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Music has always been central to the cultures that young people create, follow, and embrace. In the 1960s, young hippie kids sang along about peace with the likes of Bob Dylan and Joan Baez and tried to change the world. In the 1970s, many young people ended up coming home in body bags from Vietnam, and the music scene changed, embracing punk and bands like The Sex Pistols. In Sells Like Teen Spirit, Ryan Moore tells the story of how music and youth culture have changed along with the economic, political, and cultural transformations of American society in the last four decades. By attending concerts, hanging out in dance clubs and after-hour bars, and examining the do-it-yourself music scene, Moore gives a riveting, first-hand account of the sights, sounds, and smells of “teen spirit.”
Moore traces the histories of punk, hardcore, heavy metal, glam, thrash, alternative rock, grunge, and riot grrrl music, and relates them to wider social changes that have taken place. Alongside the thirty images of concert photos, zines, flyers, and album covers in the book, Moore offers original interpretations of the music of a wide range of bands including Black Sabbath, Black Flag, Metallica, Nirvana, and Sleater-Kinney. Written in a lively, engaging, and witty style, Sells Like Teen Spirit suggests a more hopeful attitude about the ways that music can be used as a counter to an overly commercialized culture, showcasing recent musical innovations by youth that emphasize democratic participation and creative self-expression—even at the cost of potential copyright infringement.
1 Anarchy in the USA 1
2 Reagan Youth 33
3 Hell Awaits 75
4 Young, Gifted, and Slack 114
5 Retro Punks and Pin-Up Girls 156
6 The Work of Rock in the Age of Digital Reproduction 197
About the Author 275
Posted November 28, 2009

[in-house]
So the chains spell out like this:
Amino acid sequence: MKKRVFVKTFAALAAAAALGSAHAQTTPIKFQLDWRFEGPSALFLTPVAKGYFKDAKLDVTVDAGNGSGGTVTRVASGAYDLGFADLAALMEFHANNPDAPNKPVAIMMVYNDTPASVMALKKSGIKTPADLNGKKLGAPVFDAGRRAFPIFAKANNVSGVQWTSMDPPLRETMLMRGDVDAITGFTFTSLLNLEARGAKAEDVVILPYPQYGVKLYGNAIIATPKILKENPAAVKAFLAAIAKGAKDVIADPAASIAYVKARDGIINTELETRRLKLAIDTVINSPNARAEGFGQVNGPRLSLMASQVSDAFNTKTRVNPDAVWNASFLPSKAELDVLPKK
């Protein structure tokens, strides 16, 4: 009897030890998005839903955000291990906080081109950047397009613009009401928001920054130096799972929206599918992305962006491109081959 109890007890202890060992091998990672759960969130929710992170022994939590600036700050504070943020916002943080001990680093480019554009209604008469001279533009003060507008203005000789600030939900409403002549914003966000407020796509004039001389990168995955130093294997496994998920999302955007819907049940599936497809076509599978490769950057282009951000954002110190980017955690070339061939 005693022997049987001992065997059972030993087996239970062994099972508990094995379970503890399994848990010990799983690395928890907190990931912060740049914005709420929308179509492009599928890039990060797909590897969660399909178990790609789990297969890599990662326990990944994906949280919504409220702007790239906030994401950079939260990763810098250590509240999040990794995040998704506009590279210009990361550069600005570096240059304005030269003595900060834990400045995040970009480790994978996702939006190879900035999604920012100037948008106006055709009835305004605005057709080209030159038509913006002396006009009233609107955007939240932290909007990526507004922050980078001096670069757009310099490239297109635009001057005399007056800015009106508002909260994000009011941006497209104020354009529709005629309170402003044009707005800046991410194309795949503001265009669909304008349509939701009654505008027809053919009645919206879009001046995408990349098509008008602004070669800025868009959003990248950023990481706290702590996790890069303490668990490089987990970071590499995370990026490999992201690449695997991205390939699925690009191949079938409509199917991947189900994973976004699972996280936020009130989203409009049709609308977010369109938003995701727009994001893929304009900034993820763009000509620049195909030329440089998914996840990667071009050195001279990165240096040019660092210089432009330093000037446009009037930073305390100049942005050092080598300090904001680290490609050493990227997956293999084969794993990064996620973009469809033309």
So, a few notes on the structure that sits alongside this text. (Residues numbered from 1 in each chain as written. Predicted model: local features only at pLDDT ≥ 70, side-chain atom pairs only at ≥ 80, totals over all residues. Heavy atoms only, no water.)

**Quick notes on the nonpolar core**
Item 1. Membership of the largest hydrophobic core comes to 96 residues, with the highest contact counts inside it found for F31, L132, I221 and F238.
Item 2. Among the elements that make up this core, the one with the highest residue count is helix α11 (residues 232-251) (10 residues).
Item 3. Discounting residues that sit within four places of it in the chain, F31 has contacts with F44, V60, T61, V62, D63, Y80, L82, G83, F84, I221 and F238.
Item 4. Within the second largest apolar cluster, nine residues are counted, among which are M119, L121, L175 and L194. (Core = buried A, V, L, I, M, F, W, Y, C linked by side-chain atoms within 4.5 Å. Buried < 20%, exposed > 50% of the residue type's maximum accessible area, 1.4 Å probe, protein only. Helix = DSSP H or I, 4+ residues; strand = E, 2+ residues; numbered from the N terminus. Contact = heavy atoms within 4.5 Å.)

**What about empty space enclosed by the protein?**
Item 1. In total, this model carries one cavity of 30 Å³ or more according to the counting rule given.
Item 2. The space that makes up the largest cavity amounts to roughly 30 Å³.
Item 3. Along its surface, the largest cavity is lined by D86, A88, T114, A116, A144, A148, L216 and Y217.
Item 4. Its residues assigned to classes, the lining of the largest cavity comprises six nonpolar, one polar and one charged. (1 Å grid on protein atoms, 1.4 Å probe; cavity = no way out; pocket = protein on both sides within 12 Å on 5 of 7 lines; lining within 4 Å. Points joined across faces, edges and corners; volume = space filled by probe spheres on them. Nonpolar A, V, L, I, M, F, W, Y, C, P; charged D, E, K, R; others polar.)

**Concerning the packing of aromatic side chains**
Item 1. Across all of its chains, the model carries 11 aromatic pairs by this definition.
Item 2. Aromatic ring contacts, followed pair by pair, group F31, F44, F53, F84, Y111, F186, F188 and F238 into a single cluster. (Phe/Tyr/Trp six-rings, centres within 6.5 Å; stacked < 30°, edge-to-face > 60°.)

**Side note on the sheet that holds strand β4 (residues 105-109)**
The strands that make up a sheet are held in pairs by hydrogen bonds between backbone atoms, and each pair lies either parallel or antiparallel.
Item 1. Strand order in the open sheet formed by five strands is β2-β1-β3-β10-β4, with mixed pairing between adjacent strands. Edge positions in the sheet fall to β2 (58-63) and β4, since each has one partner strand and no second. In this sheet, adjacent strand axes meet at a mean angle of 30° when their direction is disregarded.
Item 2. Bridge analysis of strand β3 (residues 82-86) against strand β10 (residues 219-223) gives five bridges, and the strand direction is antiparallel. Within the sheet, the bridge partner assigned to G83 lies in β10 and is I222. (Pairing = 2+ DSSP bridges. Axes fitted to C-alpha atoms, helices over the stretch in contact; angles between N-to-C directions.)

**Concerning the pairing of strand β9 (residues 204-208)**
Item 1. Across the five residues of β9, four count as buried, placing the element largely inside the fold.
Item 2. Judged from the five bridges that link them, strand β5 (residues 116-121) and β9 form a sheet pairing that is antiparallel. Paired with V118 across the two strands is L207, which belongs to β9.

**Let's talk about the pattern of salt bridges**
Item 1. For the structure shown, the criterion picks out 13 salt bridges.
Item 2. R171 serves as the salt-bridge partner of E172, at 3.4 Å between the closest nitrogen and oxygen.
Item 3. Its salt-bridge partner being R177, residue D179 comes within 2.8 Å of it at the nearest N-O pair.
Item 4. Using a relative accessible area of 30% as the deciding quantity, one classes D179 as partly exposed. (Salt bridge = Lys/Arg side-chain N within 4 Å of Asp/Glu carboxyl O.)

What a well written book. I am truly impressed by Moore's ability to take the reader on a journey through generations of musical prominence, accuracy portraying the feelings ad emotions not only of the acts and talent associated with them, but the fans and general scene around these bands. Like Jimmy Buffets Parrot heads or Tech N9nes army of face painted moshers, it is possible for a fan base to become synonymous with a group and gain a lore of there own. Such is the punk scene, as Moore beautifully illustrates. He brings alive the fan base struggling for a voice that popular music of the time was not giving them, with a great quotes use of quotes from the fans themselves as well as popular acts, he has the power to paint a picture for people who knew nothing about this subculture before picking up the book. The Author seems to be having fun talking to his own personal sources, people who started out as fans and decided that they too could make it in the fledgling industry they were begging to love. More than anything Moore is able to show why music has become such a flash in the pan industry and so few bands have the staying power, as some bands from generations past may enjoy. He captures the single voice of the loud passionate masses, who are looking to break out of a prison yet can't seem to find the walls. This book is a guaranteed conversation starter, whether you want to relive those days of putting on the glitter and eye liner and heading out to a twisted sister show, or you still wear flannel that you picked up at a Seattle thrift store, or you want to talk about the industry in general and how pop culture is often shaped with music at the center. On a side note, try to imagine while reading a professor at a nationally recognized university trying to keep a straight face while interviewing a girl with green hair still sporting a safety pin through her nose, and remember just how fun life can be.Was this review helpful? Yes NoThank you for your feedback. Report this reviewThank you, this review has been flagged.